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Three Things We Can Learn of Prayer from The “Our Father”

By Fr. Daniel Pinell

The “Our Father”, the prayer Jesus taught us and most of us memorized as little children, is packed full of wisdom and insights on how to grow in intimacy with God through prayer. One of the dangers of being too familiar with this prayer is that we tend to overlook the reasons why this prayer became so ubiquitous in the first place.

By keeping in mind these three lessons from the Our Father, we can remind ourselves how instrumental this prayer can be in our relationship with God.

The first lesson we can learn from this prayer is the importance of knowing who we are addressing. Jesus starts this prayer simply, “Our Father who art in Heaven, Hallowed be thy Name.” Our God wants to relate to us as a Father does to a child. The word for “Father” in the original language was one commonly used by little children when they were calling for their parents. This reminds us that God delights in a child-like faith, that is, in a trust so deep and unshakable that a child has with their father.

From this first sentence we also know that God’s name is holy, or to be reverenced. The God of the universe is holy, set apart, and while close to us as a good father is to a child, He is also a perfect and good, and worthy of all our praises. This is a God whose holy name is to be cherished by our lips and our hearts.

The second lesson we can learn from this prayer is that we should always pray for God’s will to be done. “Your Kingdom come, your will be done, on earth as it is in heaven.” This is not so much a request by the Christian but an affirmation. As followers of Christ, our primary allegiance must shift from the kingdoms of this world to the Kingdom of God. In saying this prayer, we are saying “yes!” to the will of God in our lives and in the world.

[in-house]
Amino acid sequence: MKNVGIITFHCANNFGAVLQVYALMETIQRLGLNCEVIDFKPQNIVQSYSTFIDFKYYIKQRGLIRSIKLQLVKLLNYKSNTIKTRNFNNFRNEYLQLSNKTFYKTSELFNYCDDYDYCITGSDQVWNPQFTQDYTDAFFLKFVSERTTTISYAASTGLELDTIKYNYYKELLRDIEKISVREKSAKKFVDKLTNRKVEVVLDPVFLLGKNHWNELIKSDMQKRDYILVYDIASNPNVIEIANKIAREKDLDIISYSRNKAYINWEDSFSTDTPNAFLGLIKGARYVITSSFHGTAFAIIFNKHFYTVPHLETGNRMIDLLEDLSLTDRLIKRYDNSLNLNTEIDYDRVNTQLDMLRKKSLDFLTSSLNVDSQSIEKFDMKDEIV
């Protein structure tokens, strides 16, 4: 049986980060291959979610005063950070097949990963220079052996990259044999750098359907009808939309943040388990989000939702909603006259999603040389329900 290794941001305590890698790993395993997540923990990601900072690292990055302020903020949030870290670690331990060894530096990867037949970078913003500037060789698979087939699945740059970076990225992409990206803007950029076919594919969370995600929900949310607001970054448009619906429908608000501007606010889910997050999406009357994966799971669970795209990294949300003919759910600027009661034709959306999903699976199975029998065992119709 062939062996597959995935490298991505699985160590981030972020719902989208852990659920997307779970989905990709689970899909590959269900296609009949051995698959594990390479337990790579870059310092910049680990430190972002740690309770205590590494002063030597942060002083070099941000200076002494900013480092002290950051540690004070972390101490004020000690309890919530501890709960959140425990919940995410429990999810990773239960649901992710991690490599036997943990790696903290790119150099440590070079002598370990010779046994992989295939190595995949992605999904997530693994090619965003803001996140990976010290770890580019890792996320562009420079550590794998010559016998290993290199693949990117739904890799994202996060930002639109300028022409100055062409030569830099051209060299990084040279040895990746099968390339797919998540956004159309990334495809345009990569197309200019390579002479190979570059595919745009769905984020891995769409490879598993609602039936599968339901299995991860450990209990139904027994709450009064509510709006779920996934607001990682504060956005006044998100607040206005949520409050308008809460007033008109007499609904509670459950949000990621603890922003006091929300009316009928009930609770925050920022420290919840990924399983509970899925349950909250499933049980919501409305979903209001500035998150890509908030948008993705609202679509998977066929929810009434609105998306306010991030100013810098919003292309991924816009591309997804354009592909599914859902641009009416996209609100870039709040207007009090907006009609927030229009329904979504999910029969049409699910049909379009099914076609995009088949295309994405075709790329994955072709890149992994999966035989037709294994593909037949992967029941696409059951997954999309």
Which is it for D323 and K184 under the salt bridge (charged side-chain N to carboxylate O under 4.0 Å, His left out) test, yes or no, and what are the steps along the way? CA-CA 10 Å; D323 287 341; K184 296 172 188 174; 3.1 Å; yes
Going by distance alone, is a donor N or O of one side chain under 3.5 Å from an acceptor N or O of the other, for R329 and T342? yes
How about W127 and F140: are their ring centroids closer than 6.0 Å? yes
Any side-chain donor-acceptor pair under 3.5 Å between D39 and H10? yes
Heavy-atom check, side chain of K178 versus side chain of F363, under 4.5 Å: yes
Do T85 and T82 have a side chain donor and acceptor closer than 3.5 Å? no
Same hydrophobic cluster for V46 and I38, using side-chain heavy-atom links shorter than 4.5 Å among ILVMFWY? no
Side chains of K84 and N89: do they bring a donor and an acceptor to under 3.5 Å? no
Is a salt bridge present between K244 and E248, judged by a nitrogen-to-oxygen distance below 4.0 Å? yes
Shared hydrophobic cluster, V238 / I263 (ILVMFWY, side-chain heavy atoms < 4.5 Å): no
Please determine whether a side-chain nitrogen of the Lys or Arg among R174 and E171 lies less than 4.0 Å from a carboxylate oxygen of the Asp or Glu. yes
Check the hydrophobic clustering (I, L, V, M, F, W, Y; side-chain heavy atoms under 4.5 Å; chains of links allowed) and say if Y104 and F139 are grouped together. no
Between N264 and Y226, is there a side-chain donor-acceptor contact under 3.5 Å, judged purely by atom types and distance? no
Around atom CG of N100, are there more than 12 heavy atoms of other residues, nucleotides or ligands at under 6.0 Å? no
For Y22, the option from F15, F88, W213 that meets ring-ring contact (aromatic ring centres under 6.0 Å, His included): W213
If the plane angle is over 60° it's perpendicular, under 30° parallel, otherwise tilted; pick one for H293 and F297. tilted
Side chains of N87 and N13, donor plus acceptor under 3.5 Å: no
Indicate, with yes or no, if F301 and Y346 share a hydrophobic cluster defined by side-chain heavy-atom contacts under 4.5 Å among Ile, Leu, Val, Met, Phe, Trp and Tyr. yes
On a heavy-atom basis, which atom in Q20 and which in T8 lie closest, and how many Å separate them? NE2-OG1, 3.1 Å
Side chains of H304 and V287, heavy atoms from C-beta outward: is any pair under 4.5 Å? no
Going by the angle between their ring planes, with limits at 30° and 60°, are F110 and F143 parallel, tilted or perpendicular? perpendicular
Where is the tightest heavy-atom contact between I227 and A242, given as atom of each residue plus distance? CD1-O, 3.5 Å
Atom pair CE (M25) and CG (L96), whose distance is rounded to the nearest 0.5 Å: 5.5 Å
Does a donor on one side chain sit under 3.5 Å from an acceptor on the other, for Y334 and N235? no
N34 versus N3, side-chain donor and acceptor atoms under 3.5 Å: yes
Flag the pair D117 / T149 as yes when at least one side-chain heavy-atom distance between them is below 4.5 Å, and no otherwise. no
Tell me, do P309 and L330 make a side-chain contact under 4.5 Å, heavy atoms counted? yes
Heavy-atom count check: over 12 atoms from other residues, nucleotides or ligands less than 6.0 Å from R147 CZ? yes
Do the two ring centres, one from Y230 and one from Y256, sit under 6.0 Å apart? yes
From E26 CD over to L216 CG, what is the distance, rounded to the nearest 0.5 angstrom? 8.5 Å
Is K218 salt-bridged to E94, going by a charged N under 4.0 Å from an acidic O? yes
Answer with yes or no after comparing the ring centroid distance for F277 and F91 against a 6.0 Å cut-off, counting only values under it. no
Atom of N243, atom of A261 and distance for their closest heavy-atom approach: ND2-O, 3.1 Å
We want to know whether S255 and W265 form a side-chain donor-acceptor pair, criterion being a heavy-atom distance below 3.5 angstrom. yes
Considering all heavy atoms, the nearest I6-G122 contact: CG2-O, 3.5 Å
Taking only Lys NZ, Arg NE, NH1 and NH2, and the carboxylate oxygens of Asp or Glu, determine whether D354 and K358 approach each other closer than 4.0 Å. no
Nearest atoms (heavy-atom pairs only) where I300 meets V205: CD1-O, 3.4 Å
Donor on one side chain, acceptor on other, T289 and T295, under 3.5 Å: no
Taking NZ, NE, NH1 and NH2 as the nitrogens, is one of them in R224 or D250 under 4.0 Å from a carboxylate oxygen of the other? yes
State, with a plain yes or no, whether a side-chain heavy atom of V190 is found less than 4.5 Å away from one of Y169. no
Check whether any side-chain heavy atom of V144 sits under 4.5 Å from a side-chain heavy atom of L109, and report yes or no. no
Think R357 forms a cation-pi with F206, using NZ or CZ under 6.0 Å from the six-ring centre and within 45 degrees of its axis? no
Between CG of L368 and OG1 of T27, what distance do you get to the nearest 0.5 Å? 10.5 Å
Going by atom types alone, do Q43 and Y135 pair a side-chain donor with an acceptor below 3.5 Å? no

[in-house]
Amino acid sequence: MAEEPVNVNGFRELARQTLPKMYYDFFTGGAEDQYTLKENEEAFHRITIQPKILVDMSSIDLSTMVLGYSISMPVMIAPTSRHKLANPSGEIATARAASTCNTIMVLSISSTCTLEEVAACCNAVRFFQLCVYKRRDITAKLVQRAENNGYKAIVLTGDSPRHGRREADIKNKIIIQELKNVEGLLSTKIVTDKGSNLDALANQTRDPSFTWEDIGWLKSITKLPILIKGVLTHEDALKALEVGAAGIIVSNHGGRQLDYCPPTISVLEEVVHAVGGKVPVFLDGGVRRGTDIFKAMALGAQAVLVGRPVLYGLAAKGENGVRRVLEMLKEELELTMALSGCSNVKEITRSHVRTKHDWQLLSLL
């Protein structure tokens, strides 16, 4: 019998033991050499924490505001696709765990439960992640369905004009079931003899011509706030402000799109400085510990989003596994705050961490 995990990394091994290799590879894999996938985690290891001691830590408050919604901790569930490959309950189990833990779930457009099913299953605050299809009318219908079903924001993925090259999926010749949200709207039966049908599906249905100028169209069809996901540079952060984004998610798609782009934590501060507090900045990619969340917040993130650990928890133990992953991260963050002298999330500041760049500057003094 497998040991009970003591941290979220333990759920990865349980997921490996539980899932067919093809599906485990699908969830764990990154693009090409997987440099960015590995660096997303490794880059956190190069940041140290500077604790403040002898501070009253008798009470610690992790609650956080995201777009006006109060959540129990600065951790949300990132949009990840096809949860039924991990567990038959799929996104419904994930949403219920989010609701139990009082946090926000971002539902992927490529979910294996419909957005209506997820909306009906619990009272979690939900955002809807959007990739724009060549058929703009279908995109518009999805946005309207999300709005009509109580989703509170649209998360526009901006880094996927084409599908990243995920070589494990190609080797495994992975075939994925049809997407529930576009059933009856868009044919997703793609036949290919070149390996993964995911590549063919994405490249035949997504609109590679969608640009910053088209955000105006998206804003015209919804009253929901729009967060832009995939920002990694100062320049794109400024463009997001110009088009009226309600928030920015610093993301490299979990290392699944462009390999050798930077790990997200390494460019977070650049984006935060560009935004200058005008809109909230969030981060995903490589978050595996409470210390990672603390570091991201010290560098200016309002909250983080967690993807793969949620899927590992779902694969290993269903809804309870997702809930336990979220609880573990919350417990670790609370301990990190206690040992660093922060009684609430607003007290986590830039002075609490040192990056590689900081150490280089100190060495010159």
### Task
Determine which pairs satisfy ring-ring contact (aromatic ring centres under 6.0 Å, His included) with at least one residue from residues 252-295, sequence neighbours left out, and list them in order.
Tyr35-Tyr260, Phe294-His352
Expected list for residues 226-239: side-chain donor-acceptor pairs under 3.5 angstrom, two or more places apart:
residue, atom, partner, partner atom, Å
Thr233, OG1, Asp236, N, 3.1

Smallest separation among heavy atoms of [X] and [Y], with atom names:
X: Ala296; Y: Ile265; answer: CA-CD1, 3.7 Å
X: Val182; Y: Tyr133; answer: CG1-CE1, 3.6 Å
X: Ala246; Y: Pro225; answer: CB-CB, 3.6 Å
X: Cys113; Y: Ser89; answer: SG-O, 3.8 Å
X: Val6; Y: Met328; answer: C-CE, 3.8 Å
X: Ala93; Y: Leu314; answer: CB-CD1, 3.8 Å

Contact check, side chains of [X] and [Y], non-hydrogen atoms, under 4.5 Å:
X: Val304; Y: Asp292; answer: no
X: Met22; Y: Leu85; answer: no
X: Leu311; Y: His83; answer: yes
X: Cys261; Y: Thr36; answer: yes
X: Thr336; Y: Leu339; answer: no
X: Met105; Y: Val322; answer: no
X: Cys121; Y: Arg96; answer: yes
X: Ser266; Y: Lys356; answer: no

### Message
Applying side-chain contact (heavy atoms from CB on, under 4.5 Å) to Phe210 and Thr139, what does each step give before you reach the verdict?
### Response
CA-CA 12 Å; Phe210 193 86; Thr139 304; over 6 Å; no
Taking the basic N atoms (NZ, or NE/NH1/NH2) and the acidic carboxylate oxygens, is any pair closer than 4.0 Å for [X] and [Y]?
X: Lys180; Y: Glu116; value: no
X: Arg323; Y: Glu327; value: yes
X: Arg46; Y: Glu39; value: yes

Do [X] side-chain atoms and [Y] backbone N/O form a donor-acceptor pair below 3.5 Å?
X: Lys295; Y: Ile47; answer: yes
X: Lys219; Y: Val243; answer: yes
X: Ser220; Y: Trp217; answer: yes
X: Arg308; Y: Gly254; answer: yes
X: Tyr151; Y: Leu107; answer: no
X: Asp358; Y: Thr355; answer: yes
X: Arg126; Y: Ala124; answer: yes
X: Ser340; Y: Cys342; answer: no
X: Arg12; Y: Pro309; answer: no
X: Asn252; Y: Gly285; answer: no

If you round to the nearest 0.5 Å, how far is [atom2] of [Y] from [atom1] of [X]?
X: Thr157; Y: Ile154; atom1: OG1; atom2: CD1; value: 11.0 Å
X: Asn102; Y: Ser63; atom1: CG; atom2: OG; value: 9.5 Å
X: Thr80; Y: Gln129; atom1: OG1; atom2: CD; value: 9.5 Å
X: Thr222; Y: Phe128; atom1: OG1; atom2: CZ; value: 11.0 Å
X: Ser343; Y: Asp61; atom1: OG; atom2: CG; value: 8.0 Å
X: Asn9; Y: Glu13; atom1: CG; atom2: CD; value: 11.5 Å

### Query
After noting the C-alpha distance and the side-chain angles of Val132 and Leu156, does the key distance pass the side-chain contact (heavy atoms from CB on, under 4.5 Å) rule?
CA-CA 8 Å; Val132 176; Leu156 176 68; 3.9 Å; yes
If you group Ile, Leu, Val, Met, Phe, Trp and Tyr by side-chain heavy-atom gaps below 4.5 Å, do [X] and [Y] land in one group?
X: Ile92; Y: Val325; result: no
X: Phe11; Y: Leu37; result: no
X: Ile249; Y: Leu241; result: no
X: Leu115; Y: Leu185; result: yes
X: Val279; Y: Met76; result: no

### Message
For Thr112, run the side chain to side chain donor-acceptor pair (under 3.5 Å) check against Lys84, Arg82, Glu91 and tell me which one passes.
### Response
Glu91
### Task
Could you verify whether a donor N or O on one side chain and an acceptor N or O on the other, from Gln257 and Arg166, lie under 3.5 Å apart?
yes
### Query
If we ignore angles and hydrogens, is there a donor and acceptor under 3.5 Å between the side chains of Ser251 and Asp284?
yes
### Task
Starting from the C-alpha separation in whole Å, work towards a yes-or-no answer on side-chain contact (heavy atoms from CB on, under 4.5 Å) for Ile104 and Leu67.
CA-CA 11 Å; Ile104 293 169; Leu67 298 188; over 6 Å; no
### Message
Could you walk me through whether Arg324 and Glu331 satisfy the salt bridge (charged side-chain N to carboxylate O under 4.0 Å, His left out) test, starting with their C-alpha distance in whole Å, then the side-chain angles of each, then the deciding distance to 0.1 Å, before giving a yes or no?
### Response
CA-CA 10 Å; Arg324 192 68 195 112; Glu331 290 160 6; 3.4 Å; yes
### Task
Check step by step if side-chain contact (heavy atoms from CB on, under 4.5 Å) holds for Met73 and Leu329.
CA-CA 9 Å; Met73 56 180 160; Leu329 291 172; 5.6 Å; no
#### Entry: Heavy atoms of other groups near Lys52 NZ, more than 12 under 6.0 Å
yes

The third lesson we can learn from this prayer is our utter dependence on God. “Give us this day our daily bread…forgive us our trespasses, as we forgive others who trespass against us.” We are instructed to pray for our basic needs daily. It doesn’t do to pray just once for a year’s provision of bread. The temptation would be to pray once and forget about God until our resources run out. The daily prayer of our needs reminds us that we are ever dependent upon God, and this daily prayer helps us shatter the myth of self-sufficiency that is so prevalent in our affluent world.

It also reminds us that we need forgiveness. Not only that, but we need a forgiving heart, because an unforgiving heart, one who refuses to forgive others, is unable to receive forgiveness from God. If we refuse to forgive others then we haven’t truly realized how much in need of forgiveness we are.

If you want to grow in your relationship with God, prayer is the avenue that will get us there. The Our Father has been rightly treasured as the model prayer for our lives, and we do well to meditate on the wisdom and insights stored in this short but powerful prayer.



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